Devil's Punchbowl (California)
Devil's Punchbowl, elevation 4,750 ft (1450 m), is a tilted sandstone formation in Los Angeles County. It is a county park within the Angeles National Forest on the northern slopes of the San Gabriel Mountains, near Littlerock, California. Short trails within the park showcase the geologic features along the Punchbowl and San Andreas Faults. There are connections to major longer trails leading to the high country.
The Devil's Punchbowl Nature Center is operated by the Los Angeles County Department of Parks and Recreation. The center focuses on the flora, fauna, and geological features of the park, and the center offers school programs, parties, guided park tours, as well as telescope programs with an 11-inch telescope.
The primary attractions of the park are its geological formations. The Punchbowl is a deep canyon categorized as a plunging syncline: a v-shaped folding of the earth's strata caused by compression. The mountain peaks above the park are 8,000 feet in elevation, compared to the park's Nature Center at 4,740 feet above sea level. The Punchbowl Canyon is 300 feet deep at the vista point. The peculiar uptilted rock formations found in the area are layers of sedimentary rocks formed long ago by water depositing loose material in horizontal layers. Later they were squeezed into their present, steeply tilted form by ongoing uplift action along the Punchbowl and Pinyon Faults and by pressures along the San Andreas Fault. The Punchbowl Fault is to the south of the rock formation, while the Pinyon and San Andreas Faults are to the north.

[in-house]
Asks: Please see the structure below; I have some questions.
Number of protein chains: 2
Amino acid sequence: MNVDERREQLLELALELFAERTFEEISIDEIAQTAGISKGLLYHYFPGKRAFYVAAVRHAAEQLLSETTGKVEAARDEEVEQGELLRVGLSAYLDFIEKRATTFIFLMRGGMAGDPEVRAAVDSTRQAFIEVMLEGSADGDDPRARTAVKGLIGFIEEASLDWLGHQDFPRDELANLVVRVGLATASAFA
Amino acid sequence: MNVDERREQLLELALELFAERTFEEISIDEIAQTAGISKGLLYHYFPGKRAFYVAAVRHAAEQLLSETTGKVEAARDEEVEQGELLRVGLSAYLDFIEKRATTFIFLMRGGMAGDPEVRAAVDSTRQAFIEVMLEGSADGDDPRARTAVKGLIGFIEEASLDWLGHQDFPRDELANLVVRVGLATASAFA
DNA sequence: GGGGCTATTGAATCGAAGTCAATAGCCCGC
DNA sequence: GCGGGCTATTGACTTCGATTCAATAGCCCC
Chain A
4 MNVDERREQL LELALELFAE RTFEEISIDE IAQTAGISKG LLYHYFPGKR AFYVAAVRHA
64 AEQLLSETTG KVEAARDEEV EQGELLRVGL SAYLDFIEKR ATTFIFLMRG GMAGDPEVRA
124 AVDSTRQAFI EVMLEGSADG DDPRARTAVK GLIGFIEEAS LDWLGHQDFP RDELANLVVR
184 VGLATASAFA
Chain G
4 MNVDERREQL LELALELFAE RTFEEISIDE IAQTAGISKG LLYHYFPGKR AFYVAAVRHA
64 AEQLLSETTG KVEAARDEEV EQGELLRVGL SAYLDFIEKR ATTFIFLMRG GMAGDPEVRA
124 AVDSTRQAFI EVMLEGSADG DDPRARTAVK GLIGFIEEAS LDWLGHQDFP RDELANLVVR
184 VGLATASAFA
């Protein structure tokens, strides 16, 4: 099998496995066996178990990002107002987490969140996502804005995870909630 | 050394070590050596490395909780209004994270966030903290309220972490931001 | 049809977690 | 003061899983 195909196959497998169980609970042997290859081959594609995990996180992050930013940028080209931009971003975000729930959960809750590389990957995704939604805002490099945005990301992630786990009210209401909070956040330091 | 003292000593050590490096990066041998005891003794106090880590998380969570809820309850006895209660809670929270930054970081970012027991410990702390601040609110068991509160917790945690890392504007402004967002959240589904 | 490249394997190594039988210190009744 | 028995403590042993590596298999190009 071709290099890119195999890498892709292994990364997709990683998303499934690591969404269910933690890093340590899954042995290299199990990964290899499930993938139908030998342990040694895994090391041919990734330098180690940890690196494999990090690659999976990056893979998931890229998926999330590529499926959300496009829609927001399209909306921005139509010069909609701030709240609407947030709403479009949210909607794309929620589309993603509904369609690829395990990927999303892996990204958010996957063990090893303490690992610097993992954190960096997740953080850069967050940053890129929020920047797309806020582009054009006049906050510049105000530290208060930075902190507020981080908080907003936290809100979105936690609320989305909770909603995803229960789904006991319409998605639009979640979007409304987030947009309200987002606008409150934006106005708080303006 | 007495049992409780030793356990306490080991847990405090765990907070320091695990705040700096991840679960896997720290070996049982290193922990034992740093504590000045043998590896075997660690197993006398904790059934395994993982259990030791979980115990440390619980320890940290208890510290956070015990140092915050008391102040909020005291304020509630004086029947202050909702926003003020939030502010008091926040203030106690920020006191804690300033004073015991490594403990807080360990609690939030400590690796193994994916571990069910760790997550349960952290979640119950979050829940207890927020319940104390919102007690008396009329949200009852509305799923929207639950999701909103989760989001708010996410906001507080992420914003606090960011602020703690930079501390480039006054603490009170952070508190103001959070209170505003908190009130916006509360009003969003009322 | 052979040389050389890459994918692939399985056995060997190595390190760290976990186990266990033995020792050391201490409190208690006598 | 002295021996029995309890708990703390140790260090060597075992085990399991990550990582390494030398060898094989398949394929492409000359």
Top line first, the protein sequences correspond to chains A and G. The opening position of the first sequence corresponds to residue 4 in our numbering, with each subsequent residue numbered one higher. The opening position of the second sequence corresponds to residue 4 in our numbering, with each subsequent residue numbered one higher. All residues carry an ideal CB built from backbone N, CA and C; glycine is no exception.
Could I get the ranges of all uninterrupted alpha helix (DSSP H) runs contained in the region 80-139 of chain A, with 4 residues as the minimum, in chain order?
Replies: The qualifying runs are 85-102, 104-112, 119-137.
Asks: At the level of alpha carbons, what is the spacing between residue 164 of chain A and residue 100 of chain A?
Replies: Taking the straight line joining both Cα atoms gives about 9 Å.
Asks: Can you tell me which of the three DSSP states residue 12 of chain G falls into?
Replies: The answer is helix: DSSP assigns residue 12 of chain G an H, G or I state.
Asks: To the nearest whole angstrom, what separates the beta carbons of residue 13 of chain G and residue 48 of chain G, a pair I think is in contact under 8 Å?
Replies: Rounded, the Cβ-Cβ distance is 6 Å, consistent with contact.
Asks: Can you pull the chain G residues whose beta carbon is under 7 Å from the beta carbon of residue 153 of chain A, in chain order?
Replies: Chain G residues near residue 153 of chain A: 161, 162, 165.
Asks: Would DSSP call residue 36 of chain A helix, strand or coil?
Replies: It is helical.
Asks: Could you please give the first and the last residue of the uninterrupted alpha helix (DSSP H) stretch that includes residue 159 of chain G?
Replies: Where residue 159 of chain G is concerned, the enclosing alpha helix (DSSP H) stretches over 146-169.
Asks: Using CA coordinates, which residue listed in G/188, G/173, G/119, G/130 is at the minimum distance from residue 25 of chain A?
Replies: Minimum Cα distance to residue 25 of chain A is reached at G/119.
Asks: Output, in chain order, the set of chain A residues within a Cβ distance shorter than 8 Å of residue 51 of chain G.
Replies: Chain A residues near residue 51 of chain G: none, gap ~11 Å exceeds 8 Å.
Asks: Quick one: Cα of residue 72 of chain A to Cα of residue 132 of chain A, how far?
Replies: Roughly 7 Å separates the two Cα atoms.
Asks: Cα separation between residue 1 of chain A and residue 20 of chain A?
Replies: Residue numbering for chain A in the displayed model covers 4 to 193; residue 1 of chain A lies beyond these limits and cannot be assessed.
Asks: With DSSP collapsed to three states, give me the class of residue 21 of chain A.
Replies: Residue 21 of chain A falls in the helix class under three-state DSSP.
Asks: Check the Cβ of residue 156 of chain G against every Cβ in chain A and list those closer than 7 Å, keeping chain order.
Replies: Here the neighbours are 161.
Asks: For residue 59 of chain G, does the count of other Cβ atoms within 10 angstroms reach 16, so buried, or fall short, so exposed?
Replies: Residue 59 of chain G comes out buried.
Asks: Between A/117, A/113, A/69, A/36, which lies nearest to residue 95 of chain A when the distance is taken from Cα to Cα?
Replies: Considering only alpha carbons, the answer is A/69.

Vegetation contributes greatly to the particular appearance of any landscape, and it is rewarding to look at native vegetation as plant communities. Driving to the park, beginning down on the flats of the Antelope Valley, there is almost a complete absence of large shrubs or trees. The road then climbs into a belt of Joshua trees and California junipers. As you enter the park boundaries, the Joshuas are left behind and you enter a region dominated by Pinyon pine Woodland, with shrubs of the Desert Chaparral as an understory. The streambeds, both Punchbowl Creek at the bottom of the bowl and other watercourses in the Antelope Valley, have their own type of vegetation with cottonwoods, willows, and other plants that require more water. The next plant community above the park is the Coulter Pines and Yellow Pine Forest of the higher San Gabriel Mountains. Above these trees, White Firs are silhouetted against the sky on the high slopes and peaks.
Many types of mammals live here but most are nocturnal and are seldom seen. Gray foxes may sometimes be seen in the early mornings or at dusk, and you may occasionally see deer crossing the road. Chipmunks and California ground squirrels are active during most of the day. A few common birds are on display, and many additional species migrate through the area at various times of the year. The park's reptile and amphibian fauna represent a unique blend of types found in both deserts and mountains. Examples of some common local reptiles and amphibians are on display. Rattlesnakes are also common but are wary of people and are rarely encountered. Insects and spiders are seasonally abundant. They may be seen on flowers and shrubs throughout the park, especially during the spring and summer. A representative collection of the various orders of insects is on display.
The Australian band Wolfmother recorded their music video for the song Mind's Eye at the Devil's Punchbowl.
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